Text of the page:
1. Customers now have an ungodly amount of power (and aren’t afraid to use it)
We’ve all heard the cliché, “The customer is always right…” However, never has this policy rang truer than it does today due to the amendment Yelp has added: “…or else you will get blasted by the customer on Yelp.” This lopsided dynamic plays out in all kinds of cruel and unfortunate ways, including one particular episode that has claimed its place in Boston restaurant lore and gave birth to #wedontnegotiatewithyelpers.
At Alden & Harlow, an upscale subterranean restaurant in Harvard Square, two women seated themselves without a reservation. After being asked to leave, and even after having their drinks taken from them, they threatened a negative Yelp review and in the process managed to keep their table. Michael Scelfo, the restaurant’s chef, lamented on Instagram after the fact:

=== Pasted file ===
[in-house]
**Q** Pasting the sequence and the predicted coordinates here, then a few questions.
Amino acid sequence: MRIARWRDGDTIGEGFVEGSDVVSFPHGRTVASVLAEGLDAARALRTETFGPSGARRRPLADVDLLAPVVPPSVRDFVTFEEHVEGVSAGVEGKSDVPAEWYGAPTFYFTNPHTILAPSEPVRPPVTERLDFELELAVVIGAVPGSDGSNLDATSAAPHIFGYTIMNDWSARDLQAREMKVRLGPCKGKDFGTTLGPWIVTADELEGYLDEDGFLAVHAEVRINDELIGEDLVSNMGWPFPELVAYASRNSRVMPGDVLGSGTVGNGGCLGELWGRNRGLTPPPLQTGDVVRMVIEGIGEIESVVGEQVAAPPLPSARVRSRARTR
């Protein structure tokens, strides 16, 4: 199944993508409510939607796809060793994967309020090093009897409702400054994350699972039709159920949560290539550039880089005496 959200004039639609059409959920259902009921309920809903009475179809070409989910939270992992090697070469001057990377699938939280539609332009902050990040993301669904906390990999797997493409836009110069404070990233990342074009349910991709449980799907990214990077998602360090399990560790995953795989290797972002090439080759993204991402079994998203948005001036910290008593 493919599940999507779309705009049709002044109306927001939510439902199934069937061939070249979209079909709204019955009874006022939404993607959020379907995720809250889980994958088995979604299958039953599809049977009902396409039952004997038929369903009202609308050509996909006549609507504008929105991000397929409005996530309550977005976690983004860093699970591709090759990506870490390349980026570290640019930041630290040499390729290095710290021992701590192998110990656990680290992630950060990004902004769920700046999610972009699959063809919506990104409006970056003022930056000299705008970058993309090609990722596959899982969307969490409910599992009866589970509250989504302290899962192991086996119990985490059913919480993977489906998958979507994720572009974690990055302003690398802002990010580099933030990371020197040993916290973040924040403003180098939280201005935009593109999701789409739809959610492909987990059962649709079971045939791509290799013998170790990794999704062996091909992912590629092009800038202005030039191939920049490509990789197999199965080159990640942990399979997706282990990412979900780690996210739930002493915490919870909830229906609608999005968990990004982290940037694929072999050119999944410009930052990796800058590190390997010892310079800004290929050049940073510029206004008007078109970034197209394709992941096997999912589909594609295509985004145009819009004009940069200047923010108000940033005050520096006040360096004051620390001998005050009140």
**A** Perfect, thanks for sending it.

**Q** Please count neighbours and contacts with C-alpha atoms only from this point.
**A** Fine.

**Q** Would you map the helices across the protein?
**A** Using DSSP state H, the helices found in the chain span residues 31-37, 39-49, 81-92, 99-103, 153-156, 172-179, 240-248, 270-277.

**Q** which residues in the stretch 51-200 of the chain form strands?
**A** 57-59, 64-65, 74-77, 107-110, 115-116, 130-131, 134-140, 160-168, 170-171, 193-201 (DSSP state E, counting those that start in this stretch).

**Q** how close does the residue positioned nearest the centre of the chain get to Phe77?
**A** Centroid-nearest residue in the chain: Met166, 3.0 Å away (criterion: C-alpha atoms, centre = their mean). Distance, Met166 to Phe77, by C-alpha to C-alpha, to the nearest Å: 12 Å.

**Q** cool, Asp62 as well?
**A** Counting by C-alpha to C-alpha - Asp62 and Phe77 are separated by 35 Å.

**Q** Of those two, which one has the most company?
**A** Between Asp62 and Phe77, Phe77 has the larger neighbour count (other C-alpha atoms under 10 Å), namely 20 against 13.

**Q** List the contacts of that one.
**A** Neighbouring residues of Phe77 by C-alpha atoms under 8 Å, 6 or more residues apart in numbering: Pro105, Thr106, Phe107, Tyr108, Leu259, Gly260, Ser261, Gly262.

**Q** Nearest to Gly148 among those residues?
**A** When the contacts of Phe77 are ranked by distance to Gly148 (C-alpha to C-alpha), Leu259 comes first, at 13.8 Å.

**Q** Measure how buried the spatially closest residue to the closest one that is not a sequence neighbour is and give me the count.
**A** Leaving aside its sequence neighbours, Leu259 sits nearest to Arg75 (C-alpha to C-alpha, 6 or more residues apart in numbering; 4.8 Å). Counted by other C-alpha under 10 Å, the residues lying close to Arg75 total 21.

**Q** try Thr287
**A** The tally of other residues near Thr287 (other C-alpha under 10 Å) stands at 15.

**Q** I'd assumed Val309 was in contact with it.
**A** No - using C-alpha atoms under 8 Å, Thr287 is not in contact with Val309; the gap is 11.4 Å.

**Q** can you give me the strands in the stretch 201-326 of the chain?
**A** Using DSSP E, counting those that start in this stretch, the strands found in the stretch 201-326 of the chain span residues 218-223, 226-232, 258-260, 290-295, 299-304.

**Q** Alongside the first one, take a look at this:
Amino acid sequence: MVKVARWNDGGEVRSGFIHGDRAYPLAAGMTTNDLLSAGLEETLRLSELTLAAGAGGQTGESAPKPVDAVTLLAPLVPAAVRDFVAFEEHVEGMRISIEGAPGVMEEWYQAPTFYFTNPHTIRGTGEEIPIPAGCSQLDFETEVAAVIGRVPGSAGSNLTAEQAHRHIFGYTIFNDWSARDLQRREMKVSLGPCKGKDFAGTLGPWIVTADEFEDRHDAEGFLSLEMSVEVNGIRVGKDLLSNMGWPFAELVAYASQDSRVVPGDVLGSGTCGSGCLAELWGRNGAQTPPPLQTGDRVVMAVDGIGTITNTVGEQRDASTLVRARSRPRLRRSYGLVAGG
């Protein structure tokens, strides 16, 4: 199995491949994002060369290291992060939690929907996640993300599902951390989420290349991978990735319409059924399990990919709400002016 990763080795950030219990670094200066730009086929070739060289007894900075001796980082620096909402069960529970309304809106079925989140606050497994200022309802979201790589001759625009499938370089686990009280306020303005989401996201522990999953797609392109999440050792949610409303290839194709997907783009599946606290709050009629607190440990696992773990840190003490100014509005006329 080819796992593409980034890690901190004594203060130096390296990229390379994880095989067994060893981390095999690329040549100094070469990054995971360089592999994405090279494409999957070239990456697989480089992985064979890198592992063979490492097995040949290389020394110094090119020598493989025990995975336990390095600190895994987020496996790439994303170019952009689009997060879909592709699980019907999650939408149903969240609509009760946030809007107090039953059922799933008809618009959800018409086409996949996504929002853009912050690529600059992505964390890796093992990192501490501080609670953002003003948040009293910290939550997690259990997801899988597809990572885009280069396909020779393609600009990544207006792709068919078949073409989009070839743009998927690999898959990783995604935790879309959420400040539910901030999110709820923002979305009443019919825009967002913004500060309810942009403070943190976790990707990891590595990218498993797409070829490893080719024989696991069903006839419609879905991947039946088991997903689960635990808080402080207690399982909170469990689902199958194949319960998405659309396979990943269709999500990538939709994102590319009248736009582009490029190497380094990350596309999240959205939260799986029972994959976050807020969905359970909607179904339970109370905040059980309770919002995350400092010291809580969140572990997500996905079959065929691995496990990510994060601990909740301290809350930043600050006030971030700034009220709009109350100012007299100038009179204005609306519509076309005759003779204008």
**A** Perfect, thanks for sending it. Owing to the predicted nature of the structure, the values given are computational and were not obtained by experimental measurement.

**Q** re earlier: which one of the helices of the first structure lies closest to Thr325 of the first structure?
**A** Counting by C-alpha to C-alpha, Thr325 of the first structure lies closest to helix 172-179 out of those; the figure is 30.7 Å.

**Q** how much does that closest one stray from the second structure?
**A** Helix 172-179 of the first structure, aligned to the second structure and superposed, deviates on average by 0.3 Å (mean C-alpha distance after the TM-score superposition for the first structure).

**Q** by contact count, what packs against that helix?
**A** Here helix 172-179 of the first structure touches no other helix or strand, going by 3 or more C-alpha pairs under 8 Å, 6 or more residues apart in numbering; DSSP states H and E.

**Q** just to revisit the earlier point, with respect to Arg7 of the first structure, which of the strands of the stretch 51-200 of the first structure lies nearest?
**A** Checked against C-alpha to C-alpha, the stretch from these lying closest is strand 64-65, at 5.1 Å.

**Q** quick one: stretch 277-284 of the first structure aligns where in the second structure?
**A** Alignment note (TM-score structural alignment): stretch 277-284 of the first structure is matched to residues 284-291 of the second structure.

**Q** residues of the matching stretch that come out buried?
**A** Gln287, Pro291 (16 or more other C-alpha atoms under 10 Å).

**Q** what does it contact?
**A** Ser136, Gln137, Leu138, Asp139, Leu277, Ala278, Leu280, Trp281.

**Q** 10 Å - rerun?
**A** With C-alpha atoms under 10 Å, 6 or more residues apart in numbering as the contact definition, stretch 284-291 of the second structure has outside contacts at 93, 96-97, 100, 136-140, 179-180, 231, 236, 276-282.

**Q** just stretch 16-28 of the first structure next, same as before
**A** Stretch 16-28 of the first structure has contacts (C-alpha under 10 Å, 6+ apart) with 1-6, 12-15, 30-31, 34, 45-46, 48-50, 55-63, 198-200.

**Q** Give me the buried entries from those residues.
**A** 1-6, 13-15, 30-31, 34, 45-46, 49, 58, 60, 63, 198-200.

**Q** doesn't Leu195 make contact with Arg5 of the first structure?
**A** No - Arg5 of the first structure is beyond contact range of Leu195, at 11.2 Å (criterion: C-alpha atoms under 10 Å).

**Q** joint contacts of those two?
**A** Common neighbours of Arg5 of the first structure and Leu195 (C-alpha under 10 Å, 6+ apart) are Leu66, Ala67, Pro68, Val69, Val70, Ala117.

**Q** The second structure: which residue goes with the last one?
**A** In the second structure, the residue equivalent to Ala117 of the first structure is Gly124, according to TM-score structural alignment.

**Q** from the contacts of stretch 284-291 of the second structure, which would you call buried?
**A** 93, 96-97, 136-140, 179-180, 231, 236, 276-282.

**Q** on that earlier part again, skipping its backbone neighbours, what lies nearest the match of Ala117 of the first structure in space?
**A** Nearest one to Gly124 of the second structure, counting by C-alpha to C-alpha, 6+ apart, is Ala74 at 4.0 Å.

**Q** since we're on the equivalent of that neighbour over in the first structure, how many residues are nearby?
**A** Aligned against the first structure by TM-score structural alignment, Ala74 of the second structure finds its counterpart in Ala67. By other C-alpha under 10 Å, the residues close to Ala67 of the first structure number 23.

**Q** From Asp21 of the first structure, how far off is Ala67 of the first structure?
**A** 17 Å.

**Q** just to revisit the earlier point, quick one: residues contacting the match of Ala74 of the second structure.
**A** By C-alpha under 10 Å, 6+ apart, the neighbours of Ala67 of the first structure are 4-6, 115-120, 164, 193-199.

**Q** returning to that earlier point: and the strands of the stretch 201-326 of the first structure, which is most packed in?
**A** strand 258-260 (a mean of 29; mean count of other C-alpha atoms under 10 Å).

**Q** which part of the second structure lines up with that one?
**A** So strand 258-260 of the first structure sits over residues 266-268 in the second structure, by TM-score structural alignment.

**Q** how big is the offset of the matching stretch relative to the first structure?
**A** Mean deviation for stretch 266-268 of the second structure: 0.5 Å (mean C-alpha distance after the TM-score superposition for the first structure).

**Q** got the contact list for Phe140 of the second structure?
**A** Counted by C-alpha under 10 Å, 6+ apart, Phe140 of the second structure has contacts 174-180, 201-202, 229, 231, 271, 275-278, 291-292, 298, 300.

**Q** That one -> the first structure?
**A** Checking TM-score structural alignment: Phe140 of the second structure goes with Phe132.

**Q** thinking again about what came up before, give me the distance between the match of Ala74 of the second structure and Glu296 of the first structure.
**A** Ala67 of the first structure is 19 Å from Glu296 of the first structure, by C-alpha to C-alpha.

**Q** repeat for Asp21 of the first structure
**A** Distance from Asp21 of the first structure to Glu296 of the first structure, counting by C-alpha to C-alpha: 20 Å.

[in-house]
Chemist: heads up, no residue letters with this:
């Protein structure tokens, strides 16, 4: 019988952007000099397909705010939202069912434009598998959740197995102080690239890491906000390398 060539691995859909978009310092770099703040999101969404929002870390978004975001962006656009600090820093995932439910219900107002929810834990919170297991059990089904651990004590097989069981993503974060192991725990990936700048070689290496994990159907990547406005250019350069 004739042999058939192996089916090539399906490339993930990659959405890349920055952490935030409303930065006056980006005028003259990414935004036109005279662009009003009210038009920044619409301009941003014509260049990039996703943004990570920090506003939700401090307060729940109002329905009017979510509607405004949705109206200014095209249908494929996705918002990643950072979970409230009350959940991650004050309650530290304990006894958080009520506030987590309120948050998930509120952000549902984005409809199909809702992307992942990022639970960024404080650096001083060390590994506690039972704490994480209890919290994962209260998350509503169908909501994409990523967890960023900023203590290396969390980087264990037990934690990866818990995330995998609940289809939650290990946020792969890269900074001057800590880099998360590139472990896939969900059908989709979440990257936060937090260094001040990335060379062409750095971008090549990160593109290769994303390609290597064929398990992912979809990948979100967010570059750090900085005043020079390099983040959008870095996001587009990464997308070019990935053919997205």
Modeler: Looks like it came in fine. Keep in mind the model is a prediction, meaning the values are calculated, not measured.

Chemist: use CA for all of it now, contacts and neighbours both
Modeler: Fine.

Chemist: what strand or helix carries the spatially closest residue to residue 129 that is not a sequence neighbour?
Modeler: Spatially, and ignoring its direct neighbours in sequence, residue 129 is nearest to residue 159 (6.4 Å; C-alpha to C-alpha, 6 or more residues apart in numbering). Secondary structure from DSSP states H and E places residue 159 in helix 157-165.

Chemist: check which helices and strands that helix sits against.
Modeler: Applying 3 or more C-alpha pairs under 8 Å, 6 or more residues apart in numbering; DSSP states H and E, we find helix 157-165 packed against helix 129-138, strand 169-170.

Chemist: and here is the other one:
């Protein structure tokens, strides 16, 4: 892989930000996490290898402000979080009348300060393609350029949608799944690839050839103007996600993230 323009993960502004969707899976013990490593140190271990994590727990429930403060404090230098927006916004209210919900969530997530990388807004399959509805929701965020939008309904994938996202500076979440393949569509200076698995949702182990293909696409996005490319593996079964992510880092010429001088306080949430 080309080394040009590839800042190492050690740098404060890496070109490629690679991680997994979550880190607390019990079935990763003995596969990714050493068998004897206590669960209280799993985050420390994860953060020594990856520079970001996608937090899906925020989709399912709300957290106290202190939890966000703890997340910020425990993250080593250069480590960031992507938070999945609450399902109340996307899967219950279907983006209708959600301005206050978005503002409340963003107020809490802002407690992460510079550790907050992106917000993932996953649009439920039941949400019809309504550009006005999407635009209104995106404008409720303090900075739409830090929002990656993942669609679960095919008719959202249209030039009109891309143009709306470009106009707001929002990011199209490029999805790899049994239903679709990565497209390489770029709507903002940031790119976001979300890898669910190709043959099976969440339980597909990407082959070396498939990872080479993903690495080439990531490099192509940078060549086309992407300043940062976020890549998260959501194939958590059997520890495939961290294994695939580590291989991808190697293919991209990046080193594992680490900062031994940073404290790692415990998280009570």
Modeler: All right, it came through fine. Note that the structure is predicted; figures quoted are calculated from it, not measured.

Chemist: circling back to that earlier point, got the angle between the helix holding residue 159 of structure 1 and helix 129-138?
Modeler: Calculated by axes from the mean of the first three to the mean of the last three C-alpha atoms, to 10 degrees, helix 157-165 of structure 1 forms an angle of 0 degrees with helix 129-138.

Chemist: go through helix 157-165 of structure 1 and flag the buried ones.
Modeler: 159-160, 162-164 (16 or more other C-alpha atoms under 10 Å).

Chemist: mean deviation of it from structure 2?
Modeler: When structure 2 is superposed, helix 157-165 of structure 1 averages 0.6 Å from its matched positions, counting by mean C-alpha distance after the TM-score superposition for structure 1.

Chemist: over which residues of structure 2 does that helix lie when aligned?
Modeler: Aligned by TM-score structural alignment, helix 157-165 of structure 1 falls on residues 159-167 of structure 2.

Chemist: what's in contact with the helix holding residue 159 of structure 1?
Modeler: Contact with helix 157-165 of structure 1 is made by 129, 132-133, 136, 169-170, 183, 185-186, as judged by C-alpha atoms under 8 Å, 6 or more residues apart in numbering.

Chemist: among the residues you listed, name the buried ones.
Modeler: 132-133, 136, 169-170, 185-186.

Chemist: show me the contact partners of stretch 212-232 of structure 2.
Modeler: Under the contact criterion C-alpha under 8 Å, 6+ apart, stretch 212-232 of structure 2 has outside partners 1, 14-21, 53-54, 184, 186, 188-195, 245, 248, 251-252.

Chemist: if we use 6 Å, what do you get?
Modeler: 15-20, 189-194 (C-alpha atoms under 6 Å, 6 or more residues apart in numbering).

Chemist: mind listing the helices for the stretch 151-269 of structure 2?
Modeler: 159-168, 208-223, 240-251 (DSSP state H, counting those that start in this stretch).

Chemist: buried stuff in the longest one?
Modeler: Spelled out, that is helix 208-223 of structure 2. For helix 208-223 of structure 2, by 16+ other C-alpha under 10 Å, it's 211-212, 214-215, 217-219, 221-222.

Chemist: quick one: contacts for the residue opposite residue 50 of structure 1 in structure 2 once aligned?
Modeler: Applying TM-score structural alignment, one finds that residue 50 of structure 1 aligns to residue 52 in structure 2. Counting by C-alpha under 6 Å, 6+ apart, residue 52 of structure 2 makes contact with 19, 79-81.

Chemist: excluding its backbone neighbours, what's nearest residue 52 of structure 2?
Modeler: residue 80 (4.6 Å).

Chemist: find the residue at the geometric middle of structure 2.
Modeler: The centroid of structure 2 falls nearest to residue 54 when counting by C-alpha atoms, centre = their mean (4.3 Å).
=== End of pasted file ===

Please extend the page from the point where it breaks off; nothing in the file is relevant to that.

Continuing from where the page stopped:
We tried to have them leave, they refused. Taking their drink away and being forceful is not hospitable. So in lieu of calling the police (only other recourse imo) which seemed too strong a response, we opted to kill them with kindness until they left. We as a team endured a ton of abuse but ultimately chose the high road. My choice to post this is not to slander on them per say but to call attention to a major flaw in the current ‘online review system & entitled mentality.’ Ultimately, it’s about protecting the integrity of our (well documented) humble and gracious staff.